Daphnis and Chloe (Greek: Δάφνις καὶ Χλόη, Daphnis kai Chloē) is an ancient Greek novel written in the Roman Empire, the only known work of the second-century AD Greek novelist and romance writer Longus.[1]

Daphnis and Chloe by Jean-Pierre Cortot

Setting and style Edit

It is set on the Greek isle of Lesbos, where scholars assume the author to have lived. Its style is rhetorical and pastoral; its shepherds and shepherdesses are wholly conventional, but the author imparts human interest to this idealized world. Daphnis and Chloe resembles a modern novel more than does its chief rival among Greek erotic romances, the Aethiopica of Heliodorus, which is remarkable more for its plot than for its characterization.

Plot summary Edit

Daphnis and Chloe is the story of a boy (Daphnis) and a girl (Chloe), each of whom is abandoned at birth along with some identifying tokens. A goatherd named Lamon discovers Daphnis, and a shepherd called Dryas finds Chloe. Each decides to raise the child he finds as his own. Daphnis and Chloe grow up together, herding the flocks for their foster parents. They fall in love but, being naive, do not understand what is happening to them. Philetas, a wise old cowherd, explains to them what love is and tells them that the only cure is kissing.[2] They do this. Eventually, Lycaenion, a woman from the city, educates Daphnis in love-making. Daphnis, however, decides not to test his newly acquired skill on Chloe, because Lycaenion tells Daphnis that Chloe "will scream and cry and lie bleeding heavily [as if murdered]."[2] Throughout the book, Chloe is courted by suitors, two of whom (Dorcon and Lampis) attempt with varying degrees of success to abduct her. She is also carried off by raiders from a nearby city and saved by the intervention of the god Pan. Meanwhile, Daphnis falls into a pit, gets beaten up, is abducted by pirates, and is very nearly raped by a drunkard. In the end, after being recognised by their birth parents, Daphnis and Chloe get married and live out their bucolic lives in the country.[2][3]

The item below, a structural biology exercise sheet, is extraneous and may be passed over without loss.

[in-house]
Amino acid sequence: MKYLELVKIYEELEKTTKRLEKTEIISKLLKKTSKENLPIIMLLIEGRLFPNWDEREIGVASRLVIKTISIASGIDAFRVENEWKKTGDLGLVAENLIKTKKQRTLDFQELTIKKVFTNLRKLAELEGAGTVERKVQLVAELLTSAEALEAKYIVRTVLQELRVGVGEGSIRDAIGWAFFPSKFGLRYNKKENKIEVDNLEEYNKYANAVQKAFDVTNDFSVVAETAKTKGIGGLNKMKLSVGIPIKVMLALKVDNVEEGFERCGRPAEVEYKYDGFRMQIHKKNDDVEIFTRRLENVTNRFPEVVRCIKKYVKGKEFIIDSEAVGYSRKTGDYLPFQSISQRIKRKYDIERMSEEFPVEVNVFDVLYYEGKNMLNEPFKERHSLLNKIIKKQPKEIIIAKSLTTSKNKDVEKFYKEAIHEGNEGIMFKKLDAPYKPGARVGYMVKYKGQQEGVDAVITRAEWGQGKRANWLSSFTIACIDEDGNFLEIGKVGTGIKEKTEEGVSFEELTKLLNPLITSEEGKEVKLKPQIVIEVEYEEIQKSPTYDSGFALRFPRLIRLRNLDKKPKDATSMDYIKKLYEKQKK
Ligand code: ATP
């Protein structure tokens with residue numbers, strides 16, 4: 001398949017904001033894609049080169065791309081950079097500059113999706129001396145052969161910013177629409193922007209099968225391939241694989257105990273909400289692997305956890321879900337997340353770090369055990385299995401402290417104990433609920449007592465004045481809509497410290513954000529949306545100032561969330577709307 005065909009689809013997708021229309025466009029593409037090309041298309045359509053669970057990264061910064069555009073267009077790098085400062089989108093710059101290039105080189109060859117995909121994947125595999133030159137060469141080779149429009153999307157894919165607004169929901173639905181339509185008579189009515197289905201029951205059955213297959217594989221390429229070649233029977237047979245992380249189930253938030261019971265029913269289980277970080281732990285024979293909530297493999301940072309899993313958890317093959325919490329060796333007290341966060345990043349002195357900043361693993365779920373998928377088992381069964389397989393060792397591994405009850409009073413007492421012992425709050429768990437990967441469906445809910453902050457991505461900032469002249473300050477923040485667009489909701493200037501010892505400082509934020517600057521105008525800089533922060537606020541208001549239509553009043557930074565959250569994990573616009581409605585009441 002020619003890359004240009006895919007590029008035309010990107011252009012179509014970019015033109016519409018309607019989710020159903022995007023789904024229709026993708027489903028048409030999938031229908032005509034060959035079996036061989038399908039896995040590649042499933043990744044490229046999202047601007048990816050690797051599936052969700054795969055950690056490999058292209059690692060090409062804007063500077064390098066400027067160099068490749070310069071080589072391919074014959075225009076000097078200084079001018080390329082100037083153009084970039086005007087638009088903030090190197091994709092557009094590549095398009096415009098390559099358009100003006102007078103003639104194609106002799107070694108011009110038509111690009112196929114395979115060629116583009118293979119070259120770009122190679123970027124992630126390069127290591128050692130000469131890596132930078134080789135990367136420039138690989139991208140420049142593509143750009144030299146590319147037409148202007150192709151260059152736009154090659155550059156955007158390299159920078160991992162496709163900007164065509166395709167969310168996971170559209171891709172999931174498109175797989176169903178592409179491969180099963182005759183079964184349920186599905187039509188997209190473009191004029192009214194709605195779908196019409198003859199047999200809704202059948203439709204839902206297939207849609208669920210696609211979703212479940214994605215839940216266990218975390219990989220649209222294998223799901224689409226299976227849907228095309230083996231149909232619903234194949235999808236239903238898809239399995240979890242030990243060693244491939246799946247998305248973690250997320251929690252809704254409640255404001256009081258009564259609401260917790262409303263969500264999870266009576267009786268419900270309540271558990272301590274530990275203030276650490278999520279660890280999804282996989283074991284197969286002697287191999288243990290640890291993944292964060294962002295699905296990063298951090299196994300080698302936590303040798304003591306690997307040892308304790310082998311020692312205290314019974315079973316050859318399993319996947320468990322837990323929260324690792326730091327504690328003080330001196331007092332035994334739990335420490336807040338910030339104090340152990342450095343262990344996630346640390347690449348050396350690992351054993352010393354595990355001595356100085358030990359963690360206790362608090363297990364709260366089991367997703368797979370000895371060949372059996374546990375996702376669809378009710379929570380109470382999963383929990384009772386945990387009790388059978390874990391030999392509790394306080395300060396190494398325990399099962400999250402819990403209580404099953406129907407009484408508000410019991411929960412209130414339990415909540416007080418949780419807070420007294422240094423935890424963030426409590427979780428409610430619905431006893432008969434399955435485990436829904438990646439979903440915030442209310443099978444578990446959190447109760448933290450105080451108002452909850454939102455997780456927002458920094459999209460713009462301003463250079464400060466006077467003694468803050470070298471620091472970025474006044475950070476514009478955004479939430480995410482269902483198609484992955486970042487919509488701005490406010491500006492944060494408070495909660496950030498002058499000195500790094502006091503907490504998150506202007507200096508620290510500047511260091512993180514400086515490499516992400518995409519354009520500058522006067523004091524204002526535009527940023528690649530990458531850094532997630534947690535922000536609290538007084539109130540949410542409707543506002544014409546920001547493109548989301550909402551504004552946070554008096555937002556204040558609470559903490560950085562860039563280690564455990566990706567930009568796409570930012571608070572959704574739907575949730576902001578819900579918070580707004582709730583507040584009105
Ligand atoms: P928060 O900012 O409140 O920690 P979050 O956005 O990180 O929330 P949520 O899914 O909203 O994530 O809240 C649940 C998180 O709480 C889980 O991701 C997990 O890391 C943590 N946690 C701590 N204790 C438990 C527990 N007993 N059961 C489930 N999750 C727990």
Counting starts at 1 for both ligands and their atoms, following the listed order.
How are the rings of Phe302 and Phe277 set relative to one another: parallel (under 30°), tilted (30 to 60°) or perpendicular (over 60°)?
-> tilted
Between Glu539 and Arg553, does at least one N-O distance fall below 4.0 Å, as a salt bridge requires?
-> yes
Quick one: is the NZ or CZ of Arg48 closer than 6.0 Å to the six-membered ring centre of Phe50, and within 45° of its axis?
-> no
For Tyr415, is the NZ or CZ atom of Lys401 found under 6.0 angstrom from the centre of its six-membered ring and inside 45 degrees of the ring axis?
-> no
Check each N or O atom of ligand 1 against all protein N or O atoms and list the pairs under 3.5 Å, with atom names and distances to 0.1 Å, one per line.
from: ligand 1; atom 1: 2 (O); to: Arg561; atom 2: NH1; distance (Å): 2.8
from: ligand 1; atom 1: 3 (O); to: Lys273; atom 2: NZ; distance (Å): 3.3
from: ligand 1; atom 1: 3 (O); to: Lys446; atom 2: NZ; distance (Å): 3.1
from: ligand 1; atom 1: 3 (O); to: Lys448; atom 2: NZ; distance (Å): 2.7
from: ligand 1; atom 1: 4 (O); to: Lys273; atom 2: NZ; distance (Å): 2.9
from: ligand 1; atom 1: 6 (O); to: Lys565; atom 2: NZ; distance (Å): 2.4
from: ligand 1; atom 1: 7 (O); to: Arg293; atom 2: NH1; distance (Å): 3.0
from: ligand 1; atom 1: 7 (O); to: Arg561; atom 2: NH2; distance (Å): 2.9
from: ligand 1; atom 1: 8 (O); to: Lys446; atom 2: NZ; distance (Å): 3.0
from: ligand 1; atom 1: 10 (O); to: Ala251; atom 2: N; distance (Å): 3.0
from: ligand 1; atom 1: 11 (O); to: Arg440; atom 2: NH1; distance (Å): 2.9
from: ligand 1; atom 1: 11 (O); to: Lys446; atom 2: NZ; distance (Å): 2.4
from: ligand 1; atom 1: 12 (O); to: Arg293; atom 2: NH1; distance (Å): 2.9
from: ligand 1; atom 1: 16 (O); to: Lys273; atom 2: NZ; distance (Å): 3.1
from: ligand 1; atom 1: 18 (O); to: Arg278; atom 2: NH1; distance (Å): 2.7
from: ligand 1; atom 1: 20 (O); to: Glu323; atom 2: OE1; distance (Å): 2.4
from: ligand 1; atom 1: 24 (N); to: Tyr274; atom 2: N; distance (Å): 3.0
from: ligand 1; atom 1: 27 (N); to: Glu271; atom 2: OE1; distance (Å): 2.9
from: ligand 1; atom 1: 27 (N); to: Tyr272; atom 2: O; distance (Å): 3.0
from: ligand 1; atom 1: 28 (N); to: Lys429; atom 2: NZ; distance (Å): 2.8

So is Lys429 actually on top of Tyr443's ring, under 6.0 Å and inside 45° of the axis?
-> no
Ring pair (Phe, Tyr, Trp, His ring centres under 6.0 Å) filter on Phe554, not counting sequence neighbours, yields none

Characters Edit

Daphnis et Chloe, oil on canvas by Louise Marie-Jeanne Hersent-Mauduit

The characters in the novel include:

  • Astylus – Dionysophanes' son
  • Chloe – the heroine
  • Daphnis – the hero
  • Dionysophanes – Daphnis' master and father
  • Dorcon – the would-be suitor of Chloe
  • Dryas – Chloe's foster father
  • Eros – god of love
  • Eudromus – a messenger
  • Gnathon – the would-be suitor of Daphnis
  • Lamon – Daphnis' foster father
  • Lampis – a cow-herder
  • Lycaenion – woman who educates Daphnis in love-making
  • Megacles – Chloe's father
  • Myrtale – Daphnis' foster mother
  • Nape – Chloe's foster mother
  • Pan - god of shepherds and the wild
  • Philetas – old countryman who advises the heroes about love; likely named after Philitas of Cos[4]
  • Rhode – Chloe's mother

Text tradition Edit